Books

new england literary news | nina maclaughlin

Graphic-novel of Berlin amid rise of Nazism; P-town book fest; macabre New England

Illustration from Jason Lutes’s graphic novel “Berlin.”
Illustration from Jason Lutes’s graphic novel “Berlin.”

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Twenty years ago, cartoonist Jason Lutes began making a graphic-novel portrait of the city of Berlin, showing, in intimate detail, the lives of residents set against the rise of Nazism.

Berlin,’’ released this month by Drawn & Quarterly, collects all 11 installments of this magnificent work of historical fiction, a swift and vivid look at the impact that a shifting political landscape has on the lives of regular people, from homeless legless veterans to cabaret performers, journalists to artists, and kids selling newspapers on the street.

In striking black-and-white images, and elegant use of language, Lutes, who lives in Vermont and teaches at the Center for Cartoon Studies, tells a story that feels of the moment in America.

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Combining sweeping street scenes and dropping into the heads and thoughts of many of the city’s inhabitants, “Berlin’’ tells us a story we know in a way that’s new, one that allows us a fresh look at yesterday and begs comparisons with today. Lutes will discuss Berlin at the Boston Book Festival on Oct. 13.

Provincetown Book Fest

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At tip of the Cape, where land slips into water, the third annual Provincetown Book Festival will unfold this weekend, bringing dozens of authors along with readings, panels, and events over the span of three days. On Friday, Sept. 14, at 4 p.m., poet, novelist, and memoirist Eileen Myles will talk “Poetry, Dogs and Everything.” The next day will bring “Authors al Fresco,’’ a chance to mingle with regional authors, including Jeannette de Beauvoir, Deirdre Callahan, John-Manuel Andriote, Meredith Goldstein, and many others at the town library from 11:30 a.m. to 4 p.m. On Saturday at 6 p.m., “First Ladies of Fiction” Amy Bloom and Curtis Sittenfeld will be in conversation with fellow novelist Julia Glass. On Sunday morning at 11 a.m., fiction writers Joseph Cassara and Rahul Mehta will discuss “LGBT: Cultures within Cultures.” And at 12:30 p.m., writers Tom Sleigh, Sarah Schulman, and Joshua Weiner will talk about “Writing in Difficult Times” with poet Sophia Starmack moderating. All events are free. For more information and a complete schedule, visit provincetownbookfestival.org.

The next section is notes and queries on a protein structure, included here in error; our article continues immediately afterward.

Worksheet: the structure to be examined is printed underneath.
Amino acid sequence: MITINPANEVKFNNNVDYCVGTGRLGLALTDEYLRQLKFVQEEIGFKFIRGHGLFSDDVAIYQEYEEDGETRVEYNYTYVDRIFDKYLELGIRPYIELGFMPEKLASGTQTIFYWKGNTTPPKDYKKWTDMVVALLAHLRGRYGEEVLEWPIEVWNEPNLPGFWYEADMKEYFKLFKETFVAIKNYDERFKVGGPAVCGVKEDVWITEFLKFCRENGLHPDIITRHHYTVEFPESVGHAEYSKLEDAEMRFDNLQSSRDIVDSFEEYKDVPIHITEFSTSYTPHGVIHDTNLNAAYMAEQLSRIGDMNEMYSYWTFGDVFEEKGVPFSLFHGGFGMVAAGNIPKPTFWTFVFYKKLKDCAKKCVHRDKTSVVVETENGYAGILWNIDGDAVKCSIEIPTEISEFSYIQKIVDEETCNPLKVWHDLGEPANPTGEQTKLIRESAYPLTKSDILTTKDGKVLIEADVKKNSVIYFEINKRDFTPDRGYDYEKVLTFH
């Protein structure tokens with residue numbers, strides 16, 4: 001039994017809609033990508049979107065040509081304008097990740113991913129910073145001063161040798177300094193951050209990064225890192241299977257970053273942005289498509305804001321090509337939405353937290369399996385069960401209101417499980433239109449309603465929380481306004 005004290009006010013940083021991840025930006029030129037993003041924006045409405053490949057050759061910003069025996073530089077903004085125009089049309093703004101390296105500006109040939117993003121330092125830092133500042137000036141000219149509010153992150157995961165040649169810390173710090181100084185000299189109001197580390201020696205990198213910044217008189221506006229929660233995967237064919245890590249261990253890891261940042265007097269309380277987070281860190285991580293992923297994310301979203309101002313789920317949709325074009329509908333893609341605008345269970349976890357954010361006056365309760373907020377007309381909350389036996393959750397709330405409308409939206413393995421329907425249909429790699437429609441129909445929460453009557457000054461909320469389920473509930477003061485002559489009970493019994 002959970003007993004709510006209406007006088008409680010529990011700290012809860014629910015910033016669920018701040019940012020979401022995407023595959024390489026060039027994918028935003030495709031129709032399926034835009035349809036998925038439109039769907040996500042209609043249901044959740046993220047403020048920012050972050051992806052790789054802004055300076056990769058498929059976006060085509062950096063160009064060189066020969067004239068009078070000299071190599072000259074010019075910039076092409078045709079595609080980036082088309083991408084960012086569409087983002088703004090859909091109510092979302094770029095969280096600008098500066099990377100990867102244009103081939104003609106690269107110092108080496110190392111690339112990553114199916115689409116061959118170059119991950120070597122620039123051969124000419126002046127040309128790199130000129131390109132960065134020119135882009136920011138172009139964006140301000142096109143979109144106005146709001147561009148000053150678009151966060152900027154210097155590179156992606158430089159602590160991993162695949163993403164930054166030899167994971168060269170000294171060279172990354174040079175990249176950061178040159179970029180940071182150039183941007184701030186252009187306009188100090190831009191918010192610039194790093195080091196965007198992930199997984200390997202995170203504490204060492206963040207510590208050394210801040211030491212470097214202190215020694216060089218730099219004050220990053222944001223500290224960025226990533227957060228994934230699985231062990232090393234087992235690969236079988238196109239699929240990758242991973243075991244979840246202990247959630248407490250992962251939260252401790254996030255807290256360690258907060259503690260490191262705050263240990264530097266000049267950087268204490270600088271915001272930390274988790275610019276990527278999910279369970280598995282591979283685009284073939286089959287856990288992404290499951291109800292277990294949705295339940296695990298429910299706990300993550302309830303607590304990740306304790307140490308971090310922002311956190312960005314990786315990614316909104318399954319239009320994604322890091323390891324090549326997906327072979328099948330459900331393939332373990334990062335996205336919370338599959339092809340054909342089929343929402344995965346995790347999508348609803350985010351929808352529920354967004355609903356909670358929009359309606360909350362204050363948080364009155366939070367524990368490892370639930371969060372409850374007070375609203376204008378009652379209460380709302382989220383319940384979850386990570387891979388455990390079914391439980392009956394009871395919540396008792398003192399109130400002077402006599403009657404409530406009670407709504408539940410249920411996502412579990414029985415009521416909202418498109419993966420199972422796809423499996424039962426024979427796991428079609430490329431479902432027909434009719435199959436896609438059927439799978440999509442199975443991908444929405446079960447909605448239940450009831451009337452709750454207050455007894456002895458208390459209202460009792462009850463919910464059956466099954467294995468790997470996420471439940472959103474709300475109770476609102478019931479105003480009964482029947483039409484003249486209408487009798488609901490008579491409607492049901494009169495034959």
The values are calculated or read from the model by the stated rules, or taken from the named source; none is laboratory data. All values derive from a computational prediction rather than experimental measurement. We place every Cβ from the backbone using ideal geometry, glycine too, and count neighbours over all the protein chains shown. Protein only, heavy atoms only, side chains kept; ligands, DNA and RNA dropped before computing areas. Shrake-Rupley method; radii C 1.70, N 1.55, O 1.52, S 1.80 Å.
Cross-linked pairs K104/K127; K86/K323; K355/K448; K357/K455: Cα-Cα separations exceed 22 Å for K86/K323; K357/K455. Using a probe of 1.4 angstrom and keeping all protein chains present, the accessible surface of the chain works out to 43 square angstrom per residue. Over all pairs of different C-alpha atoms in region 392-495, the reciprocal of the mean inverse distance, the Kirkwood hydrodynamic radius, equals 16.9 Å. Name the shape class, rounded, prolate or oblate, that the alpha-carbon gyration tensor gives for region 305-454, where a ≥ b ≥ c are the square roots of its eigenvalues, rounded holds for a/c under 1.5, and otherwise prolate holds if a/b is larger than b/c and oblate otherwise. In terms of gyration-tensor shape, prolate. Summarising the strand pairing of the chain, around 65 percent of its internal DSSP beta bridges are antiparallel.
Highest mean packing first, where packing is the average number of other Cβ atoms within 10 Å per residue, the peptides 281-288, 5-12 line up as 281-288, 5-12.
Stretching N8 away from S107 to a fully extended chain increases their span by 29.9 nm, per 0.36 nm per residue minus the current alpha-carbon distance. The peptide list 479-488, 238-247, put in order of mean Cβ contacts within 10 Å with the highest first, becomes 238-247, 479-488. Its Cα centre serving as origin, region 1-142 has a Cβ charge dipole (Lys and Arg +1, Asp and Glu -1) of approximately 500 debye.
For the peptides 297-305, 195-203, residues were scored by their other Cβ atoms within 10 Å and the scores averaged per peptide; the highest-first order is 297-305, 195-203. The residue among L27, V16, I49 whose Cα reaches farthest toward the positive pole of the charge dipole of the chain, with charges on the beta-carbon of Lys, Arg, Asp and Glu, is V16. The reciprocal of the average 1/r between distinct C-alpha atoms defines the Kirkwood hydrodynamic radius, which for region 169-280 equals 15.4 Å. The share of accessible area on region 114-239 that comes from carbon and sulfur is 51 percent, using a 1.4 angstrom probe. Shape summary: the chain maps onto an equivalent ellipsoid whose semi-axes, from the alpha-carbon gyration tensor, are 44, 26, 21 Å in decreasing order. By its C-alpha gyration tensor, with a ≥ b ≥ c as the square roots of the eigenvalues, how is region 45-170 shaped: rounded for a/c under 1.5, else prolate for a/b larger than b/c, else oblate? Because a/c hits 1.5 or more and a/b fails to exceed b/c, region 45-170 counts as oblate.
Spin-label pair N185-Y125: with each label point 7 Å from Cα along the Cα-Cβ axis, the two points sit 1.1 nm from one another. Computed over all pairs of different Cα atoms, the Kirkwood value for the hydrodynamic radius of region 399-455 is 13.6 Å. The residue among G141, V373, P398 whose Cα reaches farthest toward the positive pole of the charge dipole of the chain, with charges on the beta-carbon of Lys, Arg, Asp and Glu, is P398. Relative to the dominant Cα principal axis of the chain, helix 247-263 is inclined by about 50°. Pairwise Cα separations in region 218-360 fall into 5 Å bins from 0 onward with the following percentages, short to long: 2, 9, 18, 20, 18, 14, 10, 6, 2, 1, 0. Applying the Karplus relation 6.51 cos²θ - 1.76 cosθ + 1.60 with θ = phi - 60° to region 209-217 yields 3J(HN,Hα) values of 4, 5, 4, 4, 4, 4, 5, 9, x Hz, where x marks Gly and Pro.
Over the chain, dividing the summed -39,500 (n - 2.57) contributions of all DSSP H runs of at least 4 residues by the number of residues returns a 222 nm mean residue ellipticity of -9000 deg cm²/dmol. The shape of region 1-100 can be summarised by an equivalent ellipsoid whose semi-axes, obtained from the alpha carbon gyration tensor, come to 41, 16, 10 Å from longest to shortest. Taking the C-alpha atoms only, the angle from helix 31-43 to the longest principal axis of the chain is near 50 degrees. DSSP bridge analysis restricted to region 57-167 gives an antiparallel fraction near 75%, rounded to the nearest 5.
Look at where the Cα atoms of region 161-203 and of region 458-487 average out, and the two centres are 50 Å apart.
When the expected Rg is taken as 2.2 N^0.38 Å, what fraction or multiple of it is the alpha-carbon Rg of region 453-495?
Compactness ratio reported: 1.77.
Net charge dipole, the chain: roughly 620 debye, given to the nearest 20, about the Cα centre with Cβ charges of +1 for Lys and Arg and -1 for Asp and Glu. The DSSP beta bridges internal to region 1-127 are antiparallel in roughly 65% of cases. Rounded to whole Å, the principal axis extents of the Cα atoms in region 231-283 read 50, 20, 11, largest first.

Stories that haunt

Think of the stories that make up Kevin McQueen’s new book as “real-life surrealism” or “historical horror-comedy,” he urges in the introduction. New England Nightmares: True Tales of the Strange and Gothic,” gathers dozens of stories of the odd, macabre, and haunting. (If some of the stories bend the truth, maybe it can be overlooked, just as his understanding of New England includes New York, New Jersey, Pennsylvania, and Delaware.) Broken down by state, the book includes numerous bite-size bits of lore, like the lunatic who escaped from the Mass. State hospital in 1923 and got a job as a barber in Worcester before he was found and sent back to the asylum, or a Winthrop man who, that same year, killed himself by driving a chisel into his head with a hammer. 

Coming out

Washington Black’’ by Esi Edugyan (Knopf)

Evolution’’by Eileen Myles (Grove)

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Enraged: Why Violent Times Need Ancient Greek Myths’’by Emily Katz Anhalt (Yale)

Pick of the week

Arwen Severance of the Bookstore in Gloucester recommends Small Great Things’’ by Jodi Picoult: “Ruth Jefferson, a labor and delivery nurse, begins a routine checkup on a newborn, only to be told a few minutes later that she has been reassigned to another patient. The parents are white supremacists and don’t want Ruth, who is African American, to touch their child. This book addresses something that happens in America, and around the world, every day and shows us that change is possible.”

Nina MacLaughlin is the author of “Hammer Head: The Making of a Carpenter.” She can be reached at nmaclaughlin@gmail.com.